(Reuters) -A federal judge on Wednesday granted John Hinckley, the man who shot and wounded President Ronald Reagan and three others in a 1981 assassination attempt, unconditional release from the remaining restrictions he faced, U.S. media reported.
During a hearing in Washington, U.S. District Judge Paul Friedman lifted travel and internet usage restrictions against Hinckley, who has been living on his own in Williamsburg, Virginia, Fox News reported. Friedman's order will take effect on June 15, it reported.
During a hearing in September, Friedman said he would grant Hinckley unconditional release, but gave prosecutors more time to monitor Hinckley as he transitioned to living on his own following the death of his mother.
Friedman at the time said Hinckley's mental health problems were "in remission" and he no longer posed a danger.
In 2016, Hinckley was released from a psychiatric hospital where he was treated for depression and psychosis and allowed to move into a gated community in Williamsburg to care for his elderly mother, who died in August 2021.
Since leaving the hospital, Hinckley has been compliant with court-ordered conditions and has remained mentally stable and asymptomatic, according to court documents.
"Hinckley has made no verbal threats, and he has exhibited no behaviors indicative of harm to himself, others, or the property of others. He has exhibited no disruptive or problematic behaviors," federal prosecutors wrote to the court in support of his release.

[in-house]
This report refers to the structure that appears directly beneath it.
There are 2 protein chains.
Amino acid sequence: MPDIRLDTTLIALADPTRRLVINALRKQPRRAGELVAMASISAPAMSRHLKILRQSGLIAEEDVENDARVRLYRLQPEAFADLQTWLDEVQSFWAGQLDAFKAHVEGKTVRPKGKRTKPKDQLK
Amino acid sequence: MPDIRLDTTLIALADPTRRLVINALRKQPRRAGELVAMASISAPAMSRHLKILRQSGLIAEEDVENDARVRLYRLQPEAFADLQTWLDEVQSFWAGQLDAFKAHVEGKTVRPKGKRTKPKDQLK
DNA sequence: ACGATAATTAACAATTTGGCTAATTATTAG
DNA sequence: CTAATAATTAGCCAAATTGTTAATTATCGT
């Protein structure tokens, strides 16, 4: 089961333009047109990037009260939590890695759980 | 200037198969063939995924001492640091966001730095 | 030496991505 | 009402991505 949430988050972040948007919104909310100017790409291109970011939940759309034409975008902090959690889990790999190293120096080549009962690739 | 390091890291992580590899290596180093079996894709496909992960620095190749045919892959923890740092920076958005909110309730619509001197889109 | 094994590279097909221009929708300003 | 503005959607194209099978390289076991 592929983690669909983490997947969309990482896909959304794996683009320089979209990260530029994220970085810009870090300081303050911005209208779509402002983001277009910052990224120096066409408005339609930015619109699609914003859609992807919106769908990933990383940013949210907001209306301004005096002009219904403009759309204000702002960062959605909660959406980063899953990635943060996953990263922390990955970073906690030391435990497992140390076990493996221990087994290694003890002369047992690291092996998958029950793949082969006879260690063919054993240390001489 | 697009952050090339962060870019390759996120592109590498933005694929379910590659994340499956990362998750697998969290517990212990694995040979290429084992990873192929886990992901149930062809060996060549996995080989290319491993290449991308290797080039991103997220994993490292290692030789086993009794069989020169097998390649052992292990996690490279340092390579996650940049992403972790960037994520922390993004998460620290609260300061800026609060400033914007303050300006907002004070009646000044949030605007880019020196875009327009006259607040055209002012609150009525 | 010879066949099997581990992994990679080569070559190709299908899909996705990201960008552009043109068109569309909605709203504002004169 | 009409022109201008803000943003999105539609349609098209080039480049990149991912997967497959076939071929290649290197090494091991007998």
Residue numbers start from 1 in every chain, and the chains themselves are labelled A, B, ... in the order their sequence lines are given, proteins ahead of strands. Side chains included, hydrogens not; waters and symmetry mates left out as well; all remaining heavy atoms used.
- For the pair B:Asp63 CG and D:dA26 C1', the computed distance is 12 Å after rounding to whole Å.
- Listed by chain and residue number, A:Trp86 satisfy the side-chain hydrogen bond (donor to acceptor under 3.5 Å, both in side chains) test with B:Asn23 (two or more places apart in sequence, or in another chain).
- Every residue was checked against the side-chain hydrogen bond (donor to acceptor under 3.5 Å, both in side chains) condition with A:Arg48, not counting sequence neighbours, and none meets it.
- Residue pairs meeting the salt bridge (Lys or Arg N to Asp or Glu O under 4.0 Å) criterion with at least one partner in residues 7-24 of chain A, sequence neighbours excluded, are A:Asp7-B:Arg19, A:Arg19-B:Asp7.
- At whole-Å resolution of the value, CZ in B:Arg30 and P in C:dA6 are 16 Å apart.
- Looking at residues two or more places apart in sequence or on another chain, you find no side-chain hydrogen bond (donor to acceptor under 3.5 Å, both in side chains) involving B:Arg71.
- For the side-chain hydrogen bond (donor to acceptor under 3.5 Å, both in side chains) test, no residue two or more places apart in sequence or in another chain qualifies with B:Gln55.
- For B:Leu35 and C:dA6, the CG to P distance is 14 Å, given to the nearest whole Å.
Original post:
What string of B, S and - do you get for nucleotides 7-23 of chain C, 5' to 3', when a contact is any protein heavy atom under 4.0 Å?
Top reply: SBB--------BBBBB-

In September, Reagan's daughter, Patti Davis, wrote in an opinion piece in the Washington Post that she opposed Hinckley's release, saying that she did not believe he feels remorse.
On March 30, 1981, Hinckley shot Reagan in an assassination attempt outside the Washington Hilton Hotel. Reagan suffered a punctured lung but recovered.
Others wounded included White House press secretary James Brady, Secret Service agent Timothy McCarthy and Washington police officer Thomas Delahanty.
Hinckley was found not guilty by reason of insanity at a 1982 jury trial.
(Reporting by Brendan O'Brien in Chicago; Editing by Nick Macfie and Will Dunham)